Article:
All those technologies have their place, and there are plenty of hosts out there for those that want to use them. As it is, DreamHost is a rare “clean well-lighted place” that provides a unique value - I think their commitment to FOSS software and the general rejection of proprietary technologies is part of that, and part of what allows them to provide the value I enjoy.

People that want CF should definitely use it, even vote for it to be implemented on DreamHost if they don’t want to use a CF host, but those of us that don’t feel it is a “Good Thing” ™ also should definitely let our opinions be known. :wink:

–rlparker


#15

Mike, I can’t really give any authoritative answer to that question as I am just a customer here like almost everyone else. :wink:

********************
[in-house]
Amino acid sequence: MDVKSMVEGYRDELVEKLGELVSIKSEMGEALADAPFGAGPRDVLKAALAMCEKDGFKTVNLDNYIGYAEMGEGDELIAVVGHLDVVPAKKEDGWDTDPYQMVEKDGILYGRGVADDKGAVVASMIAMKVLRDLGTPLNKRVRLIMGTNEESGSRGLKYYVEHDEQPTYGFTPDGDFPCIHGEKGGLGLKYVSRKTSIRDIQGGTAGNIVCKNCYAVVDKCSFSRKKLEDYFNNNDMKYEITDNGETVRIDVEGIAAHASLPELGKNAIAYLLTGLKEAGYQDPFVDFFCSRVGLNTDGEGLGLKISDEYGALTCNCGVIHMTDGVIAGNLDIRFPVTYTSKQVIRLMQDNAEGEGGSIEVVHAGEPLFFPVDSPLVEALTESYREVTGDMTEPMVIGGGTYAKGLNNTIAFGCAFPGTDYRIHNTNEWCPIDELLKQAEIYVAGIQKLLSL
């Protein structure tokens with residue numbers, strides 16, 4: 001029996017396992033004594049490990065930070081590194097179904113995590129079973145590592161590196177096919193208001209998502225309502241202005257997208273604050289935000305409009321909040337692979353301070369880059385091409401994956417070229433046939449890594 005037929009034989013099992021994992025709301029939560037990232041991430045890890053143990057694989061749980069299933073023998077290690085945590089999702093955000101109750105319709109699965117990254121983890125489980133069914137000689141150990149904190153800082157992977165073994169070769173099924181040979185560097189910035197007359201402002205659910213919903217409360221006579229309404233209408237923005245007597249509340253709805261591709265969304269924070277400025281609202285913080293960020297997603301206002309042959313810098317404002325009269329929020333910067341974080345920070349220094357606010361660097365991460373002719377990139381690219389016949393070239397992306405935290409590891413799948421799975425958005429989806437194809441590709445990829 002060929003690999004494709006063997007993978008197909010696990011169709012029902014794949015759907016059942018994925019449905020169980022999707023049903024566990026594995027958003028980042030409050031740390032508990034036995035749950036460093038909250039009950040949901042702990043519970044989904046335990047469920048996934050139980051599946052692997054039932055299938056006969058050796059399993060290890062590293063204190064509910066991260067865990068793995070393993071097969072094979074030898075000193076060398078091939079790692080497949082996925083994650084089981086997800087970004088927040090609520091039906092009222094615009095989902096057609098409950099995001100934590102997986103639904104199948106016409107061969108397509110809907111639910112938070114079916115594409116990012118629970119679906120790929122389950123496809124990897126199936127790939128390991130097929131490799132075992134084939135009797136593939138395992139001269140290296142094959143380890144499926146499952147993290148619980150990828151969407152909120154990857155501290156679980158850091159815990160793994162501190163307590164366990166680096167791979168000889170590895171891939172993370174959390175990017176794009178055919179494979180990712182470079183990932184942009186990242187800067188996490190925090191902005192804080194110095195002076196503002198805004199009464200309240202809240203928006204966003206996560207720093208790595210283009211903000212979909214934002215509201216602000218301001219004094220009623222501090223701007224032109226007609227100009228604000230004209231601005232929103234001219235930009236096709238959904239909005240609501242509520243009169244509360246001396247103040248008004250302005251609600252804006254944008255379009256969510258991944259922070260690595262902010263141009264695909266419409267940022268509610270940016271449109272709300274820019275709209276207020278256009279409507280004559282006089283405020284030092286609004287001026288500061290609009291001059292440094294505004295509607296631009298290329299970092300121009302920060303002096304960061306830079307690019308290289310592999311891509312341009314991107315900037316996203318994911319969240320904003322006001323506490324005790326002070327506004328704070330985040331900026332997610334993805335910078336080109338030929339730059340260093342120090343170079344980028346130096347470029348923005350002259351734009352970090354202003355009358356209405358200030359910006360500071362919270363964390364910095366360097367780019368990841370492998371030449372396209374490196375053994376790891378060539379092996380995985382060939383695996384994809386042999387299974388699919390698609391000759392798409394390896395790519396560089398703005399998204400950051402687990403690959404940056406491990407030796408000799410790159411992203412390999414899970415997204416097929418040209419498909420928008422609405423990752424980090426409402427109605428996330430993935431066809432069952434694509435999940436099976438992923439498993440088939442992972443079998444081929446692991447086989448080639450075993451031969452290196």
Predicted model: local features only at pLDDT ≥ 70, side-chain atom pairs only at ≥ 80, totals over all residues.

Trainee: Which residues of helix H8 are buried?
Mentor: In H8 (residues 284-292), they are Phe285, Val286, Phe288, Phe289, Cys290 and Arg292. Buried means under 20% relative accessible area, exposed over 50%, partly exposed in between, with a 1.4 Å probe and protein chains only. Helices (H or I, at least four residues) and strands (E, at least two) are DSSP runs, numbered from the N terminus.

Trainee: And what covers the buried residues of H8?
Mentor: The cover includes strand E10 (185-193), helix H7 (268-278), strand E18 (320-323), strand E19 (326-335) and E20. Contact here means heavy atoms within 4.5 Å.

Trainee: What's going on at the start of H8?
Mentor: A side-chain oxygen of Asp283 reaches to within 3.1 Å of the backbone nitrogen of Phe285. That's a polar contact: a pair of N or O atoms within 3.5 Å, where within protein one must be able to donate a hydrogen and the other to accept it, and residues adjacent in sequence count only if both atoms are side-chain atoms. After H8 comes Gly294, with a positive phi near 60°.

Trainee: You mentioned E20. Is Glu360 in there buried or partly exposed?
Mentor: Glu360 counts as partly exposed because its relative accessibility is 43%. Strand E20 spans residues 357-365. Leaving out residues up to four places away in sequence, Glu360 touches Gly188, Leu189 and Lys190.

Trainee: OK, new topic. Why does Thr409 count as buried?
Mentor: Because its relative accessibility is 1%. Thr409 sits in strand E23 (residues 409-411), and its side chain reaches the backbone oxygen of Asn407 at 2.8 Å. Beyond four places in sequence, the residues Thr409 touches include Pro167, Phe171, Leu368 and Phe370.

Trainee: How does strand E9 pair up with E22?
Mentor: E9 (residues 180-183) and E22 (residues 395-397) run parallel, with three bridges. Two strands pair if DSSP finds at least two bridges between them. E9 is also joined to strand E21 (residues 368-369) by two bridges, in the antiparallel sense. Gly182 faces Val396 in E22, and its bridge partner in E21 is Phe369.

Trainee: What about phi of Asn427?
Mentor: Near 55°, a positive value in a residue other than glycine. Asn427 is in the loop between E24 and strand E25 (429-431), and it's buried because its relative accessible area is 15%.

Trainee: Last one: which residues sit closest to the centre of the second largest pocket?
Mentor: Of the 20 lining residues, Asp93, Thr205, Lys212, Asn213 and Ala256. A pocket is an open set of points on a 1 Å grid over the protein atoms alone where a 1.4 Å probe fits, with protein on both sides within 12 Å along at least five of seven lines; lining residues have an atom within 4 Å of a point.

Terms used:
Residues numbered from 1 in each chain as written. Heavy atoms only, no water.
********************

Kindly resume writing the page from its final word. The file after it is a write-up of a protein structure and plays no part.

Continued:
This is primarily a "customer-to-customer" forum and, while DreamHost staff do occasionally drop by, they rarely post here. Their post can be identified with a little yellow “flag” next to their user name.

What they have said in the past, and part of which I believe they have indicated on the “Suggestions” page, is that they take into consideration the demand a feature evidences (number of people requesting it), the difficulty and cost of implementing it, the relative importance of the suggested change compared with other changes “in the queue”, and the overall compatibility with their business model.

It seems they really want to be “responsive”, but they move slowly and deliberately. Over the period of time I have been here (almost 9 years now), they have made many changes, but seem to follow the “Debian” way of slow and stable rather than fast and furious when it comes to even minor changes. :wink:

–rlparker


#16

Based on the fact that, “We” are hosting at Dreamhost and, with the notable exception of limited Quicktime support, almost all DreamHost’s hosting technologies are based on FOSS software.